Gregg Easterbrook

The danger of spent-fuel rods and the Yucca Mountain project

Mar 18, 2011 20:09 UTC

JAPAN-QUAKE/At the malfunctioning Japanese atomic reactor, attention has shifted from the cores to the spent-fuel pools as the real radiation threat — the spent-fuel pools contain far more uranium than the reactor cores. Guess where most spent-fuel rods are stored in the United States? In pools at atomic power stations: exactly the situation at the Fukushima power plant in Japan.

There are much safer alternatives. One is “dry cask” storage of atomic waste, which does not require constant circulation of cooling water. Failure of cooling water circulation caused both the Three Mile Island and Fukushima accidents.

Hardly any of the spent fuel at Fukushima has been transferred to dry casks — only about five percent. That’s why the current emergency is extreme. Some atomic waste in the United States has been transferred to dry casks — your columnist once visited such an installation. Most has not, because dry casks are more expensive than wet pools and incredibly, U.S regulations do not mandate this safety step.

There is an even better idea than dry casks — the Yucca Mountain storage area in Nevada, designed specifically for spent fuel rods. Since 1992, the federal government has planned to move old fuel rods thousands of feet below the Nevada desert. Some $10 billion has been spent building the tunnels and elevators of the Yucca Mountain facility. The National Academy of Sciences has reviewed the design. A 2006 Senate report called Yucca Mountain “the most studied real estate on the planet.” Much of the spent fuel rods in the United States could already be far underground beneath Yucca Mountain, eliminating not just a Fukushima-style risk but all risks posed by this material.

Except that immediately after taking office in 2009, President Barack Obama cancelled the Yucca Mountain project. Environmentalists hate deep storage, because by solving the atomic-waste problem, this would eliminate an argument against nuclear power. With pollution-free electricity from the atom increasingly attractive because of climate change, environmental orthodoxy wants the spent-rods problem to continue indefinitely.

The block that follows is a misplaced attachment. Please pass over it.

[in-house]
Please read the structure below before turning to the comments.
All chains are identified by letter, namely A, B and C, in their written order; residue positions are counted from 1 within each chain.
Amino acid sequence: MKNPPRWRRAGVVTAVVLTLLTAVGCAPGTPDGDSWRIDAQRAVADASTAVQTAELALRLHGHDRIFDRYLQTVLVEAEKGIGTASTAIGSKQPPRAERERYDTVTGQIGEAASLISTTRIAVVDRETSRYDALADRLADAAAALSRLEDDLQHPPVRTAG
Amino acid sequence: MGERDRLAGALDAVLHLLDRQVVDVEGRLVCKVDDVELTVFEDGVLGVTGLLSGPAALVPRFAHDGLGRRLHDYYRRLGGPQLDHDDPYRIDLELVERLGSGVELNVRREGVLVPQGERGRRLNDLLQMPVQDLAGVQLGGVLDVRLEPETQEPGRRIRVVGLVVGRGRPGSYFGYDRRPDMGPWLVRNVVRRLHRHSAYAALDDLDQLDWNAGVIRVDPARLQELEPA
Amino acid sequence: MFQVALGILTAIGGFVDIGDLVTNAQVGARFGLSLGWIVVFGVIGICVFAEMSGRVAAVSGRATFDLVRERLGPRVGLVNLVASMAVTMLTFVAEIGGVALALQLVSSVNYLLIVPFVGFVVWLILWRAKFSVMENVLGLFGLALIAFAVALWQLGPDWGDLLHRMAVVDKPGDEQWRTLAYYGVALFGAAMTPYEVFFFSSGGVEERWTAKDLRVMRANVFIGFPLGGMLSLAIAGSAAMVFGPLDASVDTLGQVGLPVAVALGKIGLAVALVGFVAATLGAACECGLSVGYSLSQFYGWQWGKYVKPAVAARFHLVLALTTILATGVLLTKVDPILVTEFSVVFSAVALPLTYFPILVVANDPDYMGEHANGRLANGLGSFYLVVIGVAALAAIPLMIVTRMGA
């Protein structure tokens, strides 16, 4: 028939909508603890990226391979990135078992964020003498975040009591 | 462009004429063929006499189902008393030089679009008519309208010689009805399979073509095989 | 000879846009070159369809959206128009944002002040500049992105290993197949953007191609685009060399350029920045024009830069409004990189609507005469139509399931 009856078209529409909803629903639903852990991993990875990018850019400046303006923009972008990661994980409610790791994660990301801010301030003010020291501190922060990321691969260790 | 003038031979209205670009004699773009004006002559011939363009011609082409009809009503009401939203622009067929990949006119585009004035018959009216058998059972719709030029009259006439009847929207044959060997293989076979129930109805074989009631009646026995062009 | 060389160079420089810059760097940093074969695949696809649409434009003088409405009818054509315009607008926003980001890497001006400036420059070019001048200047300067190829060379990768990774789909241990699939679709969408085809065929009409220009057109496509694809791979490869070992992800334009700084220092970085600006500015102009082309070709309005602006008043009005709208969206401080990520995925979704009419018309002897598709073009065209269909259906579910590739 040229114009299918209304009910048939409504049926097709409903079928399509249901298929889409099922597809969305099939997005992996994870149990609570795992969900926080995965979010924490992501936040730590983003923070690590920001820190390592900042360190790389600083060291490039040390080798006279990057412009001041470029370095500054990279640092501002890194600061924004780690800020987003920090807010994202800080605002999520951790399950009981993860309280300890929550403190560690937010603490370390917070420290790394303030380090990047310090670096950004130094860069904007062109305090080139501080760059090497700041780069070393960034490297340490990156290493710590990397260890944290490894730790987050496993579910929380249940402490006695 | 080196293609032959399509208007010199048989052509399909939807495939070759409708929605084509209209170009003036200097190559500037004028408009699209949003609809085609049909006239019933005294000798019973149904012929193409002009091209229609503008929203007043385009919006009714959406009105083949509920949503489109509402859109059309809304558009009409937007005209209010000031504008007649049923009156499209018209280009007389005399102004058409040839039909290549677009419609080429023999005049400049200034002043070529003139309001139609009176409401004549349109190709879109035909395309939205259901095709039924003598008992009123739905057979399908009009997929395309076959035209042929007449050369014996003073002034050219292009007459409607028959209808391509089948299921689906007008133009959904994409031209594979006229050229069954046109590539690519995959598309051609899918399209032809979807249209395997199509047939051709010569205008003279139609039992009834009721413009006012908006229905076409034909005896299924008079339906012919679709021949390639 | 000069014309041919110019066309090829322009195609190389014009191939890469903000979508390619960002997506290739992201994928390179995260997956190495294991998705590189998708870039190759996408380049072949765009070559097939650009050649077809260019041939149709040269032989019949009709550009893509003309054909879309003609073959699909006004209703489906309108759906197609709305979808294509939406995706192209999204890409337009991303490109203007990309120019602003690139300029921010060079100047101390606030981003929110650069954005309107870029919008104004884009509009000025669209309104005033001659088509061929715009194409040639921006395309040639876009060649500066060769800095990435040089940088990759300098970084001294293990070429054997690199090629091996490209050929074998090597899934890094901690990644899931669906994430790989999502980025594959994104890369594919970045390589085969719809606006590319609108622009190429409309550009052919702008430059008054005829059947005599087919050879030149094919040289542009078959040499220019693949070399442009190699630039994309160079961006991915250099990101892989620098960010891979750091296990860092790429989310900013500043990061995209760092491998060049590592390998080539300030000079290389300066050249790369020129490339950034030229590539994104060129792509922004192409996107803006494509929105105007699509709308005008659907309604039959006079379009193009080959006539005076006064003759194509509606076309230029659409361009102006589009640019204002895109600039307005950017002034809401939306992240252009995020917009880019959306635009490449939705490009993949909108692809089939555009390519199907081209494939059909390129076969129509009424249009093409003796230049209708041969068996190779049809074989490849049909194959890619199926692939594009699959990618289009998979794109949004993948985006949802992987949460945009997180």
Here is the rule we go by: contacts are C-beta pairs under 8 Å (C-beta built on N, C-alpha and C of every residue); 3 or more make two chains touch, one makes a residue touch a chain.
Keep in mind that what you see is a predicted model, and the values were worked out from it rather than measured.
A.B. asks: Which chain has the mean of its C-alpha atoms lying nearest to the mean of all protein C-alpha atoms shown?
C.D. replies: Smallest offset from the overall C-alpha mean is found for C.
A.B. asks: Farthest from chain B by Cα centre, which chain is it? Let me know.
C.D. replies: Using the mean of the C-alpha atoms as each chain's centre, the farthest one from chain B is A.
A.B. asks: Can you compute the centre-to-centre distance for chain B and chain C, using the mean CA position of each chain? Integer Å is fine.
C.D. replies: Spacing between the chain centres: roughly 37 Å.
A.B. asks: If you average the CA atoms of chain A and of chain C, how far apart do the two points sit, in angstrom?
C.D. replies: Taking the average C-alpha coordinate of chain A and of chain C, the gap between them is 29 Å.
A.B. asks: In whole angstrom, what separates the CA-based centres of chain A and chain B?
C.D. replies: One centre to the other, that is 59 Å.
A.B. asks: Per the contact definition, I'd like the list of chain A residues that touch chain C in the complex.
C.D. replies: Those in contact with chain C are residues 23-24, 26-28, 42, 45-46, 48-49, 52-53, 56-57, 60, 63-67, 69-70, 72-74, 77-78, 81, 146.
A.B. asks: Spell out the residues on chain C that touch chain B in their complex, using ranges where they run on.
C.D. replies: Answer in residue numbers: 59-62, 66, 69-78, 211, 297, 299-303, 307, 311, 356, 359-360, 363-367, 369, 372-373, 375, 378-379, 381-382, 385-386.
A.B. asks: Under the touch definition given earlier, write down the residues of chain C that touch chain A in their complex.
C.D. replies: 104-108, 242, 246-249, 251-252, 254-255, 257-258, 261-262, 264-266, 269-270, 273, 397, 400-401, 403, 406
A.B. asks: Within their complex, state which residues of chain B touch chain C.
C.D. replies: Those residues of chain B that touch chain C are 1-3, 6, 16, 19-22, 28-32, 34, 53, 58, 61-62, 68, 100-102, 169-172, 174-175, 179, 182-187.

Japan’s real disaster

Mar 15, 2011 19:45 UTC


The situation in Japan is horrific — but because of the earthquake and tsunami, not because of the malfunctioning atomic reactor station. The earthquake and its awful aftermath killed at least thousands of people, perhaps tens of thousands. That is an unspeakable tragedy. The damaged reactors at Fukushima haven’t killed anyone, and while posing a clear danger, especially to workers heroically fighting the malfunction, the odds are that any harm to public health will be minor, if public health is harmed at all.

Yet in the United States and European Union, what’s happening at the power plant is receiving more attention, and generating more anxiety, than thousands of innocents crushed or drowned.

Japan is the sole place nuclear weapons have been used: to see the Japanese suffer, again, from fear of the atom is heartrending. But the reaction to the power plant in Japan shows lack of perspective. Today’s Washington Post front page proclaims, in large type, a “FULL- BLOWN NUCLEAR CATASTROPHE.” The earthquake and tsunami were catastrophes; the power plant leaks may cause little harm, let alone represent a “catastrophe.”

China as number one? Remember Japan in the ’80s

Aug 18, 2010 21:27 UTC

An Asian nation with a roaring economy will eclipse the United States … America has entered a cycle of decline, while the sun is rising in the East … soon all our products will be made overseas and America will falter … doom is at hand.

The above paragraph does not describe Monday’s news about the expansion of the Chinese economy — this is what opinion-makers were saying about Japan in the 1980s. And how’d that work out for you, Tokyo?

“Experts,” the New York Times intoned on Monday, are impressed by “China’s clout” and believe “China will pass the U.S. as the world’s biggest economy as early as 2030.” If experts think this, then it’s certain not to happen.